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Burma's Suu Kyi urges international

Subject: Burma's Suu Kyi urges international action to protect  her party

      Burma's Suu Kyi urges international action to protect
      her party
      April 8, 1997
      2.09 p.m. EDT (1809 GMT)

      BANGKOK, Thailand (AP) -- Appealing for international help, Burmese
      leader Aung San Suu Kyi said in a smuggled videotape shown Tuesday
that members
      of her political party are facing increasing persecution. 

      "We need maximum attention on what is happening'' to the National
League for
      Democracy, Suu Kyi said, "because it is an indication of how far the
authorities are
      prepared to go to prevent democracy from taking root in Burma.'' 

      Since May 1996, Burma's military government has staged a series of
      harsh crackdowns on Suu Kyi's party, arresting hundreds and sentencing
many to
      long prison terms. 

      She said several party members have been forced to resign under
threats from the
      government and other have been rounded up by the army and used to carry
      equipment in battle zones. 

      The tape, seen in Bangkok, was also shown in Geneva during a break in
the annual
      meeting of the U.N. Human Rights Commission. 

      "I put the political rights of the National League for Democracy and
others working
      for democracy in Burma as the most important item on the agenda of the
      Rights Commission,'' the 1991 Nobel Peace Prize winner said. 

      Burma's military regime has denied a U.N. human rights investigator
access to the
      country. Messages from Suu Kyi have become increasingly rare. Her
      have been severely restricted since late last year. 

      The tape was made before a parcel bomb exploded Sunday night at the
home of Lt.
      Gen. Tin Oo, one of the most powerful generals of the ruling State Law
and Order
      Restoration Council. The general's eldest daughter was killed, but he
escaped injury.
      The bombing has raised speculation of a power struggle in the ruling
junta, though
      no firm evidence has emerged. 

      No one has claimed responsibility for the blast, but Burmese
authorities said
      Tuesday that the bomb was airmailed from Japan, and they suspected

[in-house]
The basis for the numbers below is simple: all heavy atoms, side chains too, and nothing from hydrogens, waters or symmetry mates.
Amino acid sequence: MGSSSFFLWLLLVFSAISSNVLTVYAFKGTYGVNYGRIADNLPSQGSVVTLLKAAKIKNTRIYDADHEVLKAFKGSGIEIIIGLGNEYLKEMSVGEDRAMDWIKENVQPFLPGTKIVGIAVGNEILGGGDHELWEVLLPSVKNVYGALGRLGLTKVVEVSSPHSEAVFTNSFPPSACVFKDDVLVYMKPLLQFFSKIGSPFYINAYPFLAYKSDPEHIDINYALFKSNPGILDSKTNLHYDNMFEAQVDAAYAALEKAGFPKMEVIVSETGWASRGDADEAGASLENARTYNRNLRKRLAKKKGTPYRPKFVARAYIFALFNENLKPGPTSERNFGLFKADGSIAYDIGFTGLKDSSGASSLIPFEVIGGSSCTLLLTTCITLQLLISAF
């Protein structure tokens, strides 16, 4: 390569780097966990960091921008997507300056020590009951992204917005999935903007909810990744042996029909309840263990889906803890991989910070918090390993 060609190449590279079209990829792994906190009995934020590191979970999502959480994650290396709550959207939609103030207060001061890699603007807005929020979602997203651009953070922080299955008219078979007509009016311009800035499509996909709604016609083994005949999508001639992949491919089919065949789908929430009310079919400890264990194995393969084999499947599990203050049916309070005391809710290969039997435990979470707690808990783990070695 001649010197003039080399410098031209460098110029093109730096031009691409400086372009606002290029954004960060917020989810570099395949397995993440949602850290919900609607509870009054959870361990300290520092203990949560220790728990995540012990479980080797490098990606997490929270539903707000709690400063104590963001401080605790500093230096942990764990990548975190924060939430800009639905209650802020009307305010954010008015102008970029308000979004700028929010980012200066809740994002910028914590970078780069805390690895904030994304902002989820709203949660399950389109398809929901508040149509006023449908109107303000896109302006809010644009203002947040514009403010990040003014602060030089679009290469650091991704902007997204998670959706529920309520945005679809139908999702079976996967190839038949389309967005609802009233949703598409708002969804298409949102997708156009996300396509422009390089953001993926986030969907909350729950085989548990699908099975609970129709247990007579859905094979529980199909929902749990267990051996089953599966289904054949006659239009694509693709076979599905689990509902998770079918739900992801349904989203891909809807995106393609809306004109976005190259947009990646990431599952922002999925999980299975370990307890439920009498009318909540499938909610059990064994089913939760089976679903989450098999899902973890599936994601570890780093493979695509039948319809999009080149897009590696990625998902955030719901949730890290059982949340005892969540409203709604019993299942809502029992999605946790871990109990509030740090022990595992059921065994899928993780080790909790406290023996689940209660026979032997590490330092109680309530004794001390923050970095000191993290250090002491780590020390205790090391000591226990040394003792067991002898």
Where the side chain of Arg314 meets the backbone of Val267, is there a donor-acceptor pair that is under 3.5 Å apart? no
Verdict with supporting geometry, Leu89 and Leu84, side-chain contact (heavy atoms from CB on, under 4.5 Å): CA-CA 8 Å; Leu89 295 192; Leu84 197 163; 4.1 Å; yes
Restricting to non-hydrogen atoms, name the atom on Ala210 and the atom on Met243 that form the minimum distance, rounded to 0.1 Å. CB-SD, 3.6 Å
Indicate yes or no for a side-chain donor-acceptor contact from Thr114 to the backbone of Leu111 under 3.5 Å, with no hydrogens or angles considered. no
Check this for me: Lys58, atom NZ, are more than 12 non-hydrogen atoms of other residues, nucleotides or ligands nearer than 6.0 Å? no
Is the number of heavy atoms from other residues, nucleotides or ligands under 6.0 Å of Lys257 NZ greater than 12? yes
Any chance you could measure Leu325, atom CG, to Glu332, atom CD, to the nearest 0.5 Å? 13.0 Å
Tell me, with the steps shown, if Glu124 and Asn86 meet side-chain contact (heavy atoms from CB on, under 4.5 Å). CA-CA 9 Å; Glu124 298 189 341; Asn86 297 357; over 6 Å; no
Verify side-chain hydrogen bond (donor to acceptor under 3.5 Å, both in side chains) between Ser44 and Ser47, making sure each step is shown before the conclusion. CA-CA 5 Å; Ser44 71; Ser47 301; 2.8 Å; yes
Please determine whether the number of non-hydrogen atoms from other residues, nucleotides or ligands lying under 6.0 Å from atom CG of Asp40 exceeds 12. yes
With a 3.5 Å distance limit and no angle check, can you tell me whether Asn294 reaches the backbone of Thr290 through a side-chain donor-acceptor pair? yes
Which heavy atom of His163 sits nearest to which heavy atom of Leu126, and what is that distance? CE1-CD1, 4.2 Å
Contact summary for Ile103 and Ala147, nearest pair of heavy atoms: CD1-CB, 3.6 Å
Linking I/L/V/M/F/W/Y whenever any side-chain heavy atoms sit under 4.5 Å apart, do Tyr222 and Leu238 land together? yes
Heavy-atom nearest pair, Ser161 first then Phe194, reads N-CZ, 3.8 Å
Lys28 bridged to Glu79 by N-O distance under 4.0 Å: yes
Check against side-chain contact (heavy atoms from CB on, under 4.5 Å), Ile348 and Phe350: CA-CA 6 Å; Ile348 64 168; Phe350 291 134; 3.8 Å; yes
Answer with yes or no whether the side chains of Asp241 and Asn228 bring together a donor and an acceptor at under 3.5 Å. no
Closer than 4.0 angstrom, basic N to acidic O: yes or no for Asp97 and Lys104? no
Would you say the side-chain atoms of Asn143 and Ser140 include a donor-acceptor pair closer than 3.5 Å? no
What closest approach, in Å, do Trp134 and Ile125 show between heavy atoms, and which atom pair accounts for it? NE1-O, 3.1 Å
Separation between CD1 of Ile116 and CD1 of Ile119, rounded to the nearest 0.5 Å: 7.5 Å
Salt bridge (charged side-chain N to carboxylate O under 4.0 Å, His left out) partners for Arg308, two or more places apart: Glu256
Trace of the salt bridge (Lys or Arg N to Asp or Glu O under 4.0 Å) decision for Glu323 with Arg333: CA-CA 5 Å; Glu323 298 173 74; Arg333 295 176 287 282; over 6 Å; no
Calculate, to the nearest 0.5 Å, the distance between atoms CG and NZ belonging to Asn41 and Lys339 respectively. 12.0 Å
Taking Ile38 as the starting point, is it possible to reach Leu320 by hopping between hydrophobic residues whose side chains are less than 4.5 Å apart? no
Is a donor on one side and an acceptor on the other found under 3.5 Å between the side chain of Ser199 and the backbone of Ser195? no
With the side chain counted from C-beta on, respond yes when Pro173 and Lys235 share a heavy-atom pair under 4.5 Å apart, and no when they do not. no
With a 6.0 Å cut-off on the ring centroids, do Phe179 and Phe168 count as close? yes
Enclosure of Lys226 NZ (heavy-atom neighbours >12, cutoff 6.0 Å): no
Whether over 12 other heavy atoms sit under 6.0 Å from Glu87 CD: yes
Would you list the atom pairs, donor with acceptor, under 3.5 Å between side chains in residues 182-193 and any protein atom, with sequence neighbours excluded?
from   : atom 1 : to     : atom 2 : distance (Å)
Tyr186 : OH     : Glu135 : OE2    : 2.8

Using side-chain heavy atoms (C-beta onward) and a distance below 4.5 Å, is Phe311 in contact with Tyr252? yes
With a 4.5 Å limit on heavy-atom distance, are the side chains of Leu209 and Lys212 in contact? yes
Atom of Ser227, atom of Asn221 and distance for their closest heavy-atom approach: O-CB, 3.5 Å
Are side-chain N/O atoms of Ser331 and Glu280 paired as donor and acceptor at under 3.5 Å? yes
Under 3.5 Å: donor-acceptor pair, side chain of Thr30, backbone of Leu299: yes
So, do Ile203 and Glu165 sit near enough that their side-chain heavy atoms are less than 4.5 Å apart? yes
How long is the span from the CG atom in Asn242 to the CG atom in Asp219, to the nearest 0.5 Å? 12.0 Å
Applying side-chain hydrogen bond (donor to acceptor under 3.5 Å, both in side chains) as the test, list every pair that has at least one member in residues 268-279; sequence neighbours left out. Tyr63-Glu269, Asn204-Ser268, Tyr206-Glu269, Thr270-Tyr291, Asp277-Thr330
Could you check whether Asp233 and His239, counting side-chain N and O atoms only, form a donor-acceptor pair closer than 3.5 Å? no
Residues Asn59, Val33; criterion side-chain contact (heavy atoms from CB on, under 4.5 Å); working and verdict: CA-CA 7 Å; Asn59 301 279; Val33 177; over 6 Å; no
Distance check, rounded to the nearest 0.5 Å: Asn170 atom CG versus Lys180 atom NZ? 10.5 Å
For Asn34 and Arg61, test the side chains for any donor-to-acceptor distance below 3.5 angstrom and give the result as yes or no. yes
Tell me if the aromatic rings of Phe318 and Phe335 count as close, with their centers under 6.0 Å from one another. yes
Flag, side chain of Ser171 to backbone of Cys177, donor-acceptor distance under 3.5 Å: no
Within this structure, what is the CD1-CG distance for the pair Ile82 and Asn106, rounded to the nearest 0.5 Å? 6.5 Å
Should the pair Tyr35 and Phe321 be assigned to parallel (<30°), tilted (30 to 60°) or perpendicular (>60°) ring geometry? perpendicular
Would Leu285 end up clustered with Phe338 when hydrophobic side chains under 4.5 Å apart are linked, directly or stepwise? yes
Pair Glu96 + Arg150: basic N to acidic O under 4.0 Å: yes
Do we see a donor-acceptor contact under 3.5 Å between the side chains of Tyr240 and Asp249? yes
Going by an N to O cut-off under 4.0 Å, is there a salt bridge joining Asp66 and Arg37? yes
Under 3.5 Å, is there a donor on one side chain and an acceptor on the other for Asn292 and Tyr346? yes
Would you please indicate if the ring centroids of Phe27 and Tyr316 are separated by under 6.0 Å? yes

anti-government groups. 

      A government statement said investigators had found "reasons to
believe that the
      bomb plot was masterminded by some anti-(Burmese) government groups within

      Rebel groups have denied responsibility. Leaders of Suu Kyi's
      movement have called the attack "cowardly.'' 

      In Tokyo, a Foreign Ministry official who spoke on customary condition of
      anonymity said the ministry was waiting for more information before
      whether to ask police to investigate. 

      In the videotape, Suu Kyi said her party's rights were of paramount
      because all other democratic political parties operating on a national
level in Burma
      had been crushed. 

      The League for Democracy won 82 percent of the vote in a 1990 national
      that the military refused to honor. 

      A U.N. General Assembly resolution that year called on Burma's
authorities to
      respect the election results and institute democracy. Suu Kyi urged
the United
      Nations to see that the resolution was implemented. 

      Suu Kyi also urged the Thai government to stop forcing Karen refugees
back to
      Burma and to allow the U.N. High Commissioner for Refugees to help them. 

      More than 15,000 Karens have fled a recent Burmese army offensive,
joining an
      estimated 70,000 refugees from Burma already living in Thailand. The Thai
      government has refused the UNHCR access to the camps, and has denied
      anyone back. 

      The refugees, Thai village militiamen and some Thai soldiers have told The
      Associated Press that refugees have been forced back.